Measures taken to help prevent basement flooding at 53 Parkview Ave:
* A licensed plumber conducted a thorough plumbing investigation including searching for cracks in the foundation walls and basement floor and ensuring that a backwater valve was installed and was functioning properly.
* Extensions and splash pads were placed on eavestrough downspouts.
* A French drain was installed on one downspout to prevent it from draining directly onto the driveway.
* The foundation drain was disconnected from the sanitary sewer lateral.
* A sump-pit and sump-pump were installed to convey foundation drainage to the lots' surface.
* Gaps were sealed around the furnace and water heater exhaust vents.
* The homeowner at 53 Parkview Ave. received a copy of the Institute for Catastrophic Loss Reduction's (ICLR) Handbook for Reducing Basement Flooding.
* Other features of the home that reduce the risk of basement flooding and the amount of damage incurred should water enter the basement:
o The basement is not finished.
o Basement windows are relatively high off the ground.

* Further actions the homeowner has been asked to undertake include:
o Check their insurance policy to ensure they have sewer backup coverage.
o Implement a regular maintenance schedule for the backwater valve.
o Refrain from using plumbing, particularly appliances requiring water, during extreme rainfall events, because the backwater valve may be closed.
o Avoid pouring grease and debris down household drains.

* Other actions homeowners can take:
o Disconnect downspouts from the sewer system.
o Increase green space around your property to encourage ground infiltration.
o Avoid having sloped driveways or other surfaces that draw water toward the home -- ensure that driveways and landscaping are sloped to draw water away from the house.
o Apply to the City's Basement Flooding Subsidy Program http://www.toronto.ca/water/sewers/basement_flooding.htm

Handbook for Reducing Basement Flooding
* A new publication released by the ICLR called The Handbook for Reducing Basement Flooding, addresses the concerns of homeowners, local governments and insurance companies of the increasing instances of basement flooding, by providing comprehensive information on how to mitigate flood risk for individuals and communities. The handbook contains 20 measures that homeowners can take to reduce their risks and their neighbourhoods' risk of basement flooding.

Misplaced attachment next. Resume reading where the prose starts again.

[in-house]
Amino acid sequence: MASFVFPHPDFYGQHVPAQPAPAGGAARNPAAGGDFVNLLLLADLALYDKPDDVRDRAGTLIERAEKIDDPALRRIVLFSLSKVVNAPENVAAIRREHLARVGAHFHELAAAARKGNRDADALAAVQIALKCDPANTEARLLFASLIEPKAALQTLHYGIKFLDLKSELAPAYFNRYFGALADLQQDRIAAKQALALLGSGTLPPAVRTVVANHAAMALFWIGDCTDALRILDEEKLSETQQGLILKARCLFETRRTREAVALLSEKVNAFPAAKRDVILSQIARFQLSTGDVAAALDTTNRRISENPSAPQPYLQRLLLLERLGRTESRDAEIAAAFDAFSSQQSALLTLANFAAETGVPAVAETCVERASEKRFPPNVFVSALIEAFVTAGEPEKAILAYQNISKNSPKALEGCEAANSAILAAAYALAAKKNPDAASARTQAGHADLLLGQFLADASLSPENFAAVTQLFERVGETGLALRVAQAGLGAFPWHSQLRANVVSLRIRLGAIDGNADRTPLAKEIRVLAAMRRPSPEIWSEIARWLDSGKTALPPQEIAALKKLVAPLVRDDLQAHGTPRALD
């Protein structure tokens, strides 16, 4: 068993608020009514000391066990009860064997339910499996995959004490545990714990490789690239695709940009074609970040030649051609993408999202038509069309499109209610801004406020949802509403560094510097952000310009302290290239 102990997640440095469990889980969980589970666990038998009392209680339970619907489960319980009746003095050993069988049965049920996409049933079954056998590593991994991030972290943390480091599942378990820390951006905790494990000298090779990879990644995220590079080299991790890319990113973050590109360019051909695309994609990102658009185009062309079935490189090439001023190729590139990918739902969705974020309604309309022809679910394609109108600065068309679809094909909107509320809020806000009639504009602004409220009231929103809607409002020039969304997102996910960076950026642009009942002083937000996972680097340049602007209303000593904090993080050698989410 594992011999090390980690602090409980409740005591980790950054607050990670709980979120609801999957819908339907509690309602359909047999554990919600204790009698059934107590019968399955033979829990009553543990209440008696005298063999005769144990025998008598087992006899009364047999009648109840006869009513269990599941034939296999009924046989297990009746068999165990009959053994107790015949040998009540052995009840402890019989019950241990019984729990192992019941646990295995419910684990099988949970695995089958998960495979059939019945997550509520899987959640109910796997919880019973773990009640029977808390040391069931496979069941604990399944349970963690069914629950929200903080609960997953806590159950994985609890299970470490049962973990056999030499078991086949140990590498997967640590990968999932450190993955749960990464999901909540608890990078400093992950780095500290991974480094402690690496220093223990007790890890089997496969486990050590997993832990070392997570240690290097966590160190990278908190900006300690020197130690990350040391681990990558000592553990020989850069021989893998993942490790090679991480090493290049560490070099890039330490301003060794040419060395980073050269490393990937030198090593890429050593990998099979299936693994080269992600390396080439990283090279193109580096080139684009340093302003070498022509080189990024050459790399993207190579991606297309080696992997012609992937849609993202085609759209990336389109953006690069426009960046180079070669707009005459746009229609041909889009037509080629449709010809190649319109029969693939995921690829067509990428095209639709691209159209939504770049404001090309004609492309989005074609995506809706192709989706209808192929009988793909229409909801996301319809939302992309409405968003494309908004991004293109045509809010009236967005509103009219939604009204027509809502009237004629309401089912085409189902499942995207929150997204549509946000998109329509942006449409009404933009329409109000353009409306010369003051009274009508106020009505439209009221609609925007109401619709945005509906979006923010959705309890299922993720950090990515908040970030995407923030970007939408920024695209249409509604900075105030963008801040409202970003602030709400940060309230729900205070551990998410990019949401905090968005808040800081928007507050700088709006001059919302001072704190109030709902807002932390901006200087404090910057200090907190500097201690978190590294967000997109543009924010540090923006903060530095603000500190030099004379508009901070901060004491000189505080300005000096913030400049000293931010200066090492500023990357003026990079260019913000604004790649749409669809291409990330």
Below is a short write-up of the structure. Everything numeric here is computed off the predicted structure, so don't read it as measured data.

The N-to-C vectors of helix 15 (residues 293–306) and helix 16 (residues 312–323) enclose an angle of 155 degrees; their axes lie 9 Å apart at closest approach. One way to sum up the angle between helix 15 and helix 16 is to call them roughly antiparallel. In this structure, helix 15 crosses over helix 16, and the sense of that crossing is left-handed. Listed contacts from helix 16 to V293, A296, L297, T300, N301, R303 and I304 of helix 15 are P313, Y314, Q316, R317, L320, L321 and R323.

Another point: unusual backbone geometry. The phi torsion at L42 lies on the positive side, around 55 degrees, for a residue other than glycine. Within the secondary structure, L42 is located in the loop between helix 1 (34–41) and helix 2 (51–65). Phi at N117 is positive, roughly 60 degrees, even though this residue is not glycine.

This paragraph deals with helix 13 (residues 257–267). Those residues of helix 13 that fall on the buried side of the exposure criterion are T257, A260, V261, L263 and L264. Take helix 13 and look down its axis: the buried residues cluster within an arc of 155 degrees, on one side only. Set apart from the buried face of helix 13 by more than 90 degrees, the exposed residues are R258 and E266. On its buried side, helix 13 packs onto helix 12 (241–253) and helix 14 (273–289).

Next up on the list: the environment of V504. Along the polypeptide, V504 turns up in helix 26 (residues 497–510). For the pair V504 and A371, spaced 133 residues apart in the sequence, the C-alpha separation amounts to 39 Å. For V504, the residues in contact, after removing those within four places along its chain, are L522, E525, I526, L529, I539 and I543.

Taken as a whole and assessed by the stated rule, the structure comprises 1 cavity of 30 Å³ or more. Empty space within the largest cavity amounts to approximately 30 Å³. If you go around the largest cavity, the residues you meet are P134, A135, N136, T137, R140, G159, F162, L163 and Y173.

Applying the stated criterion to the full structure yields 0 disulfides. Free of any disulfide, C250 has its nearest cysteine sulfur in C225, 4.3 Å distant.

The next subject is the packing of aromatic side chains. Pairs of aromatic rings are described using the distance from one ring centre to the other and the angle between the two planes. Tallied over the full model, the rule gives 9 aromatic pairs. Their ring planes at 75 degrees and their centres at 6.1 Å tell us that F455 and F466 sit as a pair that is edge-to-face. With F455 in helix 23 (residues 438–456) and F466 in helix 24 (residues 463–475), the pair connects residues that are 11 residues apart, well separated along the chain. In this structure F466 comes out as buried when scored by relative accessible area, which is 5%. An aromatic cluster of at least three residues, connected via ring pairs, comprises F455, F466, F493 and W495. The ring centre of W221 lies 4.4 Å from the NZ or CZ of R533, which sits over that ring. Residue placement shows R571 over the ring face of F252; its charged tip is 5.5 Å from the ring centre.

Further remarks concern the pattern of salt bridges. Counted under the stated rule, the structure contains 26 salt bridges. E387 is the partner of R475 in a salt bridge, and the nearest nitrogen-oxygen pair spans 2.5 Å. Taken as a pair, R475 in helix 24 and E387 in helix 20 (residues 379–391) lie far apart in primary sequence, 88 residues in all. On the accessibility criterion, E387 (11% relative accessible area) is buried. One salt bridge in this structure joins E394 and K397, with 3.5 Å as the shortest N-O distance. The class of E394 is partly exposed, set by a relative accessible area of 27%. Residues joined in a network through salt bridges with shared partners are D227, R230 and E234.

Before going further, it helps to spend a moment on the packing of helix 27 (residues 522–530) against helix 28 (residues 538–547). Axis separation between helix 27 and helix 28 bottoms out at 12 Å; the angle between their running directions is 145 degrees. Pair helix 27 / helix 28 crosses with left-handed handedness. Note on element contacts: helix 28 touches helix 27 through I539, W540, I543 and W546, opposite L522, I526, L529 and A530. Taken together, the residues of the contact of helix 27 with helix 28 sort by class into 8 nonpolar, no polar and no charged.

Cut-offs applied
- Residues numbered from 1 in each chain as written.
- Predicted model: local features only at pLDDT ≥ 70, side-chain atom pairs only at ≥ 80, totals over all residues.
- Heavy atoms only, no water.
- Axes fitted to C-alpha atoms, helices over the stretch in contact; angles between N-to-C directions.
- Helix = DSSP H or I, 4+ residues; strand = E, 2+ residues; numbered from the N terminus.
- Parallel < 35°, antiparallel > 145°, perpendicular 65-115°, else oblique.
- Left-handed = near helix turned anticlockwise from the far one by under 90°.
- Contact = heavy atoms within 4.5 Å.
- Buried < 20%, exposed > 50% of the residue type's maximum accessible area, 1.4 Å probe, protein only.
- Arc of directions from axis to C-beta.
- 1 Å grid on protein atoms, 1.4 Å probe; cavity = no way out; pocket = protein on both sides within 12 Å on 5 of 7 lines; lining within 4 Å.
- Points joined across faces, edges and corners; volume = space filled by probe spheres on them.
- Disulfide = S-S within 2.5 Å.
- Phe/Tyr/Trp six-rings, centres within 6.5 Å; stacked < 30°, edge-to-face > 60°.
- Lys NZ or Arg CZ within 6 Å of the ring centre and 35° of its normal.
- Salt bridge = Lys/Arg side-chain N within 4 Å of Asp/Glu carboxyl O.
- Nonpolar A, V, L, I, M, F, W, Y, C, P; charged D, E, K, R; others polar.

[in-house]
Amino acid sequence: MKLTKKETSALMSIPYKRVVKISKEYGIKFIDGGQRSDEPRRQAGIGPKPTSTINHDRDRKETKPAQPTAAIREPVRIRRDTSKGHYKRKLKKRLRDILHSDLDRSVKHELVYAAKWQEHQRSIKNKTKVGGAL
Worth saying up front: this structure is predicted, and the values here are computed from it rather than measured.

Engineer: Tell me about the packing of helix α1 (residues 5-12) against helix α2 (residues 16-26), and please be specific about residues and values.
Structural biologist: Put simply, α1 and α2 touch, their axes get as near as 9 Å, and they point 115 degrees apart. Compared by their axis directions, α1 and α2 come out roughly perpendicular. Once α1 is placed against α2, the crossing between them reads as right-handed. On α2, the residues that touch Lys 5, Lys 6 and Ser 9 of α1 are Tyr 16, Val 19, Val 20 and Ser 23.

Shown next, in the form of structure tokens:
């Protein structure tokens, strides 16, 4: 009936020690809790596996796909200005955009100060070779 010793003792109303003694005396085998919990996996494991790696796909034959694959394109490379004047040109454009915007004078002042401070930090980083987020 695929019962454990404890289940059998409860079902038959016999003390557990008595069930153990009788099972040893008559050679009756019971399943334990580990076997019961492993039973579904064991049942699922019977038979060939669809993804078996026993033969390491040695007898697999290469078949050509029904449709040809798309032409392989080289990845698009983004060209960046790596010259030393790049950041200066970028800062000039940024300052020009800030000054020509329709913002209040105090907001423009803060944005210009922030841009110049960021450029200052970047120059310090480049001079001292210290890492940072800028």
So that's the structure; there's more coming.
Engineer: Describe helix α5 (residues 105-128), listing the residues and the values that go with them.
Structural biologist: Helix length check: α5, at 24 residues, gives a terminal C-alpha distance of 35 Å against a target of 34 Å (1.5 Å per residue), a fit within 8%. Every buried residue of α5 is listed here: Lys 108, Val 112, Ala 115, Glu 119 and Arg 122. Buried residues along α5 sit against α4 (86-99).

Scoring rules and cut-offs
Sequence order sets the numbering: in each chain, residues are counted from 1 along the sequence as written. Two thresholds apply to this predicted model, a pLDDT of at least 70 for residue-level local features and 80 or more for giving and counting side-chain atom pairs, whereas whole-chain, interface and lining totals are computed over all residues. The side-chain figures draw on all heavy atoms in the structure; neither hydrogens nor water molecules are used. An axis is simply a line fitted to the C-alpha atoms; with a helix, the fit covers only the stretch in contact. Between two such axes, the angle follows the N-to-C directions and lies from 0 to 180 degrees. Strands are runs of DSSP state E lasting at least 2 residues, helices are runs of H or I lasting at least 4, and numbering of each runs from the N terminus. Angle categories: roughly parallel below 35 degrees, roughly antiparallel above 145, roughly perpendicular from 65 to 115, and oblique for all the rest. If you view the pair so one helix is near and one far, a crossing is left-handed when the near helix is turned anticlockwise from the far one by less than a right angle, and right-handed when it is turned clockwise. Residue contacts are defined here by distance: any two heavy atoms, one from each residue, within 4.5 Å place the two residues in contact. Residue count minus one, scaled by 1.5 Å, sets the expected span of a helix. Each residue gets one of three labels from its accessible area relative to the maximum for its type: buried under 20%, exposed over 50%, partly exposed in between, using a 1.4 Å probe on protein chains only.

Toronto sewer infrastructure
* Depending on the amount of rainfall and how fast it falls, the sewer and surface drainage systems can be overwhelmed in any area of the city, resulting in the risk of basement flooding. Sewer and surface drainage systems are designed to handle a certain intensity of storms.
* The City of Toronto is working to make improvements to its complex system of underground pipes, sewers and catchbasins, but these improvements alone cannot completely protect a home from basement flooding. Homeowners must also take action to reduce their risk of basement flooding.
* Toronto City Council has approved a Basement Flooding Work Plan that identifies 31 study areas. In four of these study areas, where basement flooding has been severe, 200 infrastructure improvements have been proposed at an estimated cost of $240 million. It is anticipated once the remaining 27 studies are completed, hundreds of millions of dollars worth of additional infrastructure upgrades will be needed.

Other ICLR activities
* As part of the insurance industry's ongoing commitment to educate Canadian homeowners about disaster safety, ICLR has retrofitted homes across the country to illustrate easy and relatively inexpensive measures that can be made to make a home more resilient to natural hazards:

2009: Toronto home was retrofitted to protect against winter storm, tornado and blackout.
2008: Montreal home was retrofitted to protect against winter storm and earthquake.
2007: Edmonton home was retrofitted to protect against tornado and winter storms.
2006: Ottawa home was made more resilient to earthquakes and winter storms.
2005: Vancouver home was made more resilient to earthquakes.
2004: Halifax home was protected against hurricanes.
2003: London home was made more resilient to tornadoes.

* The institute has also retrofitted child care centres across Canada as part of its "Protecting our Kids from Disasters" program.

For more information, visit http://www.iclr.org or http://www.toronto.ca/water.

Media contacts:
Cheryl San Juan, Senior Communications Coordinator, City of Toronto, cell (event day) 416-994-3575, tel. 416-392-8259, chsanjua@toronto.ca
Glenn McGillivray, Managing Director, ICLR, use cell 416-277-5827, tel. 416-364-8677 ext. 3216,
fax 416-364-5889, gmcgillivray@iclr.org